Gender plays a special, albeit unique, role in the Party Charter and the specific rules implemented pursuant to the Charter for the 1984 Convention. The Democratic Party first required that each state delegation to the national convention consist of equal numbers of men and women in 1980. Democratic National Committee, Final Call for the 1980 Democratic National Convention II E (1979); see Note, Affirmative Action in the Electoral Process: The Constitutionality of the Democratic Party's Equal Division Rule, 15 U.Mich.J.L. Reform 309, 312-13 (1982) hereinafter cited as Affirmative Action. The purpose underlying the rule was to remedy prior discrimination against women. See generally Abzug, Segal & Kelber, Women in the Democratic Party: A Review of Affirmative Action, 6 Colum.Hum.Rts.L.Rev. 1 (1974) (hereinafter cited as Abzug) (tracing history of role of women in Democratic Party). At the 1980 Convention, delegates amended the Party Charter to require equal numbers of male and female delegates for future National Conventions. Note, Affirmative Action, supra, at 312-13.

The current Charter contains several provisions which reflect these principles. The National Committee, according to the Charter, shall be composed of, among others, "the Chairperson and the highest ranking officer of the opposite sex of each recognized state Democratic Party." Charter, Art. Three, § 2 (emphasis added). The members of the National Committee "from each state shall be divided as equally as practicable between committeemen and committeewomen." Id. at § 3 (emphasis added). The Charter, while prohibiting discrimination on the basis of sex, race, age, religion, economic status, sexual orientation, or ethnic origin, nonetheless requires National and State Democratic Parties to adopt and implement affirmative action programs. Charter, Art. Ten, §§ 2-3 (emphasis added). Said programs are particularly designed for minority groups, Blacks, Native Americans, Asian/Pacifics, Hispanics, women and youth. Id. at § 3.2 The goal of the program is representation as nearly as practicable as indicated by the particular group's presence in the Democratic electorate. Id. Quotas are expressly made impermissible. Id. at § 4. Somewhat paradoxically, the Charter further provides that "equal division at any level of delegate or committee positions between delegate men and delegate women or committeemen and committeewomen shall not constitute a violation of any provision thereof." Id. at § 6. The Charter may be amended by majority vote of all delegates to the National Convention, by two-thirds vote of the entire membership of the Democratic National Committee, or by two-thirds vote of the entire membership of any Democratic Party Conference. Charter, Art. Twelve, § 1.

Acting pursuant to the National Charter, the Democratic National Party adopted, on March 26, 1982, its delegate selection rules for the 1984 Democratic National Convention. Rule 6(C) is located within that portion of the rules titled "Affirmative Action." It provides in pertinent part: "State Delegation Selection Plans shall provide for equal division between delegate men and delegate women and alternate men and alternate women in the convention delegation."3 The provision is commonly referred to as the "Equal Division Rule."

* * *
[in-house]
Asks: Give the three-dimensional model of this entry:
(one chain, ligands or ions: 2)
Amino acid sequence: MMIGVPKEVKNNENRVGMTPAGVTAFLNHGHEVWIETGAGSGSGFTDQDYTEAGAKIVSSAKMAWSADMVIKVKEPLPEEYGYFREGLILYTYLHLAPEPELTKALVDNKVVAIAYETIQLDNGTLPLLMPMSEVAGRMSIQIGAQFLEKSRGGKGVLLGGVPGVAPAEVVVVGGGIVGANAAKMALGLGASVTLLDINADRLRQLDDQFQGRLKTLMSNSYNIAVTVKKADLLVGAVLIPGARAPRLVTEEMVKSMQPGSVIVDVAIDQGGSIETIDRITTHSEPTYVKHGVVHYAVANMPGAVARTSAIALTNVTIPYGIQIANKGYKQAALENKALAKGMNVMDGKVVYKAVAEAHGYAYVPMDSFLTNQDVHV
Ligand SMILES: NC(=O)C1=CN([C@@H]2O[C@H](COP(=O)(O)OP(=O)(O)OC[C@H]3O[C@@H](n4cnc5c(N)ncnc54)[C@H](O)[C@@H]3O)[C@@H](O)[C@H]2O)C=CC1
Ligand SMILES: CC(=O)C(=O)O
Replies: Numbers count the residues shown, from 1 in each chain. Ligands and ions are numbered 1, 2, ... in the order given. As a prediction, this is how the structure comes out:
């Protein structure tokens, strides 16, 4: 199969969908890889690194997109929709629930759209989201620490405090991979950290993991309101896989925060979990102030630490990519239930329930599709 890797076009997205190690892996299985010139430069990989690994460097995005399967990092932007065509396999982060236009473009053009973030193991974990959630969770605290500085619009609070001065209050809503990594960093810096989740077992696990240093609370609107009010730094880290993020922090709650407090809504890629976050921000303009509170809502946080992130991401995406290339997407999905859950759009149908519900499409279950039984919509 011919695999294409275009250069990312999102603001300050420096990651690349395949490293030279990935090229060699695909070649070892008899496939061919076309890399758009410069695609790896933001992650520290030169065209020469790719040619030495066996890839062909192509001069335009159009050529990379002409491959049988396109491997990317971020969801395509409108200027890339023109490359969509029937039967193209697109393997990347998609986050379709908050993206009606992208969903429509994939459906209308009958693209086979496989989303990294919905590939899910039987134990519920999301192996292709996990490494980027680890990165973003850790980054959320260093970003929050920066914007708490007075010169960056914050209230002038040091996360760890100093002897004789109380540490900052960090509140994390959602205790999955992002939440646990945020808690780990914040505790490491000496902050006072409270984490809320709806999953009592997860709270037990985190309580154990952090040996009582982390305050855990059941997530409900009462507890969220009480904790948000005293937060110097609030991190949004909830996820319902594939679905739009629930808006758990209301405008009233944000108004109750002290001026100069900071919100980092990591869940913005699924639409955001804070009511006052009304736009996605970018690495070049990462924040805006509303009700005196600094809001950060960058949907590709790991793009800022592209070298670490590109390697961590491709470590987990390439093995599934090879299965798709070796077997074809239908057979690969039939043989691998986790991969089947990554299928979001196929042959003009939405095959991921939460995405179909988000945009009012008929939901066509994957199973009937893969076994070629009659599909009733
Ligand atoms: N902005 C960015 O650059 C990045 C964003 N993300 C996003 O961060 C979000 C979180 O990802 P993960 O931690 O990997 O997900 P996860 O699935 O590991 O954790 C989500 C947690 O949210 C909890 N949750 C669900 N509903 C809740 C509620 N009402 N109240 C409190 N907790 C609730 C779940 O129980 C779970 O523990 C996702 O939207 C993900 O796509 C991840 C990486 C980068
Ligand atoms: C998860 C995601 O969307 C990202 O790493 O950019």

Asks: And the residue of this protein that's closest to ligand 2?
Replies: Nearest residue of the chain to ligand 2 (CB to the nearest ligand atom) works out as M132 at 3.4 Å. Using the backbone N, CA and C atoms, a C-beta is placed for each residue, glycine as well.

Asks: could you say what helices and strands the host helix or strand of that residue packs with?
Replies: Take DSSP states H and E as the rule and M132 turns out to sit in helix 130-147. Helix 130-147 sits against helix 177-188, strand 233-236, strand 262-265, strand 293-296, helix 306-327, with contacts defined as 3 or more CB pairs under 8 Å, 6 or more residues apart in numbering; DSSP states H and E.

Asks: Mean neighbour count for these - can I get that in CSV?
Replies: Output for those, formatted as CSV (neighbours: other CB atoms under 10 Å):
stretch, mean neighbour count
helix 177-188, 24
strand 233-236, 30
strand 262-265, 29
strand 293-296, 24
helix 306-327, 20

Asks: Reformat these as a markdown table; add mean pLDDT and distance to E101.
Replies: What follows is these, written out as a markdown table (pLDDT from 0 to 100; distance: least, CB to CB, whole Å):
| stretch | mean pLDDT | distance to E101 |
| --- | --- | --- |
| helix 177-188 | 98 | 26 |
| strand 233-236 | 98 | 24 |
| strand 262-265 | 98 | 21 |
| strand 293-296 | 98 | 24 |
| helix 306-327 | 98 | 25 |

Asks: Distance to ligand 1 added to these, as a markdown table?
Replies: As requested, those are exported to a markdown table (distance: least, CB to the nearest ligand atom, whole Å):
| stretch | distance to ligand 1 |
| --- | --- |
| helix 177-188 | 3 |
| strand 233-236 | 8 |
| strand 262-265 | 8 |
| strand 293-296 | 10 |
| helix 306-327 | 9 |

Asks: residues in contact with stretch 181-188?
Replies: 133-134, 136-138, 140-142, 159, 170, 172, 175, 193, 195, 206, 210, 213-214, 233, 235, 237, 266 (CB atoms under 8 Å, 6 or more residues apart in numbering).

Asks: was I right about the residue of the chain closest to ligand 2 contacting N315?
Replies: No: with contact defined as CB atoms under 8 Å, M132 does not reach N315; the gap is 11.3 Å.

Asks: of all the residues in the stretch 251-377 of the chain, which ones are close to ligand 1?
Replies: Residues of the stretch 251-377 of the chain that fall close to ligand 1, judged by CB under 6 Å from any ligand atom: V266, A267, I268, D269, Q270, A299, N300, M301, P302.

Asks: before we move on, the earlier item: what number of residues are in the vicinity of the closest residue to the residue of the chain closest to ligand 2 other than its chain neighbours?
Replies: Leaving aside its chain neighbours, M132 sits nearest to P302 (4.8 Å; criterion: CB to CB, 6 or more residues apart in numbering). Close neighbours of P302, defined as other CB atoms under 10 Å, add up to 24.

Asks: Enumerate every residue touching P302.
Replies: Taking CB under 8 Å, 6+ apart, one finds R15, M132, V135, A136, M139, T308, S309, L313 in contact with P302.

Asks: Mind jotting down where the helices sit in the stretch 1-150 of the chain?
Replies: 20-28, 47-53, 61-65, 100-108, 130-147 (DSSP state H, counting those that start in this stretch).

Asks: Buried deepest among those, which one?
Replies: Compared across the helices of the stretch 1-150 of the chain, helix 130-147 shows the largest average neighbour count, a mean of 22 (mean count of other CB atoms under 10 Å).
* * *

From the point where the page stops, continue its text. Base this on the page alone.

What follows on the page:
States had various options for implementing the Equal Division Rule, including primary elections, caucuses, and conventions.4 The State party must follow the National Party's rules; failure to comply could result in the State delegation not being allowed to participate in the National Convention. See Charter, Art. Two, § 2; Democratic Party of the United States v. Wisconsin ex rel. LaFollette, 450 U.S. 107, 101 S.Ct. 1010, 67 L.Ed.2d 82 (1981). In 1984, the Maryland Democratic Party opted to carry out the National Party's mandate by enacting a rule requiring that candidates for delegate be classified by gender on the ballot in a general primary election, voters choosing a certain number of delegates of each sex:

Since the total delegation must be equally divided between men and women delegates and men and women alternates, the Congressional District delegates and alternates will be equally divided, with the candidates listed on the ballot by sex. The voters will be instructed to vote for the appropriate number of each. The voter will be allowed to vote for the total number of Delegates and Alternates allocated to his Congressional District. The highest vote getters will be the Delegates and the runners-up will be the Alternates.5

Amended Complaint, Appendix A. Maryland was entitled to send a total of seventy-four delegates and twenty-five alternates to the 1984 National Convention. Of the seventy-four delegates, the Maryland Democratic Party determined that forty-two would be elected at the Congressional District level by Democratic voters. Voters would select the following numbers of delegates and alternates in the primary:

                Congressional District      Delegates      Alternates
                       First                    5              1
                       Second                   5              2
                       Third                    6              2

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1 books & journal articles
  • Women's Rights and the Limits of Constitutional Doctrine
    • United States
    • Political Research Quarterly No. 44-4, December 1991
    • December 1, 1991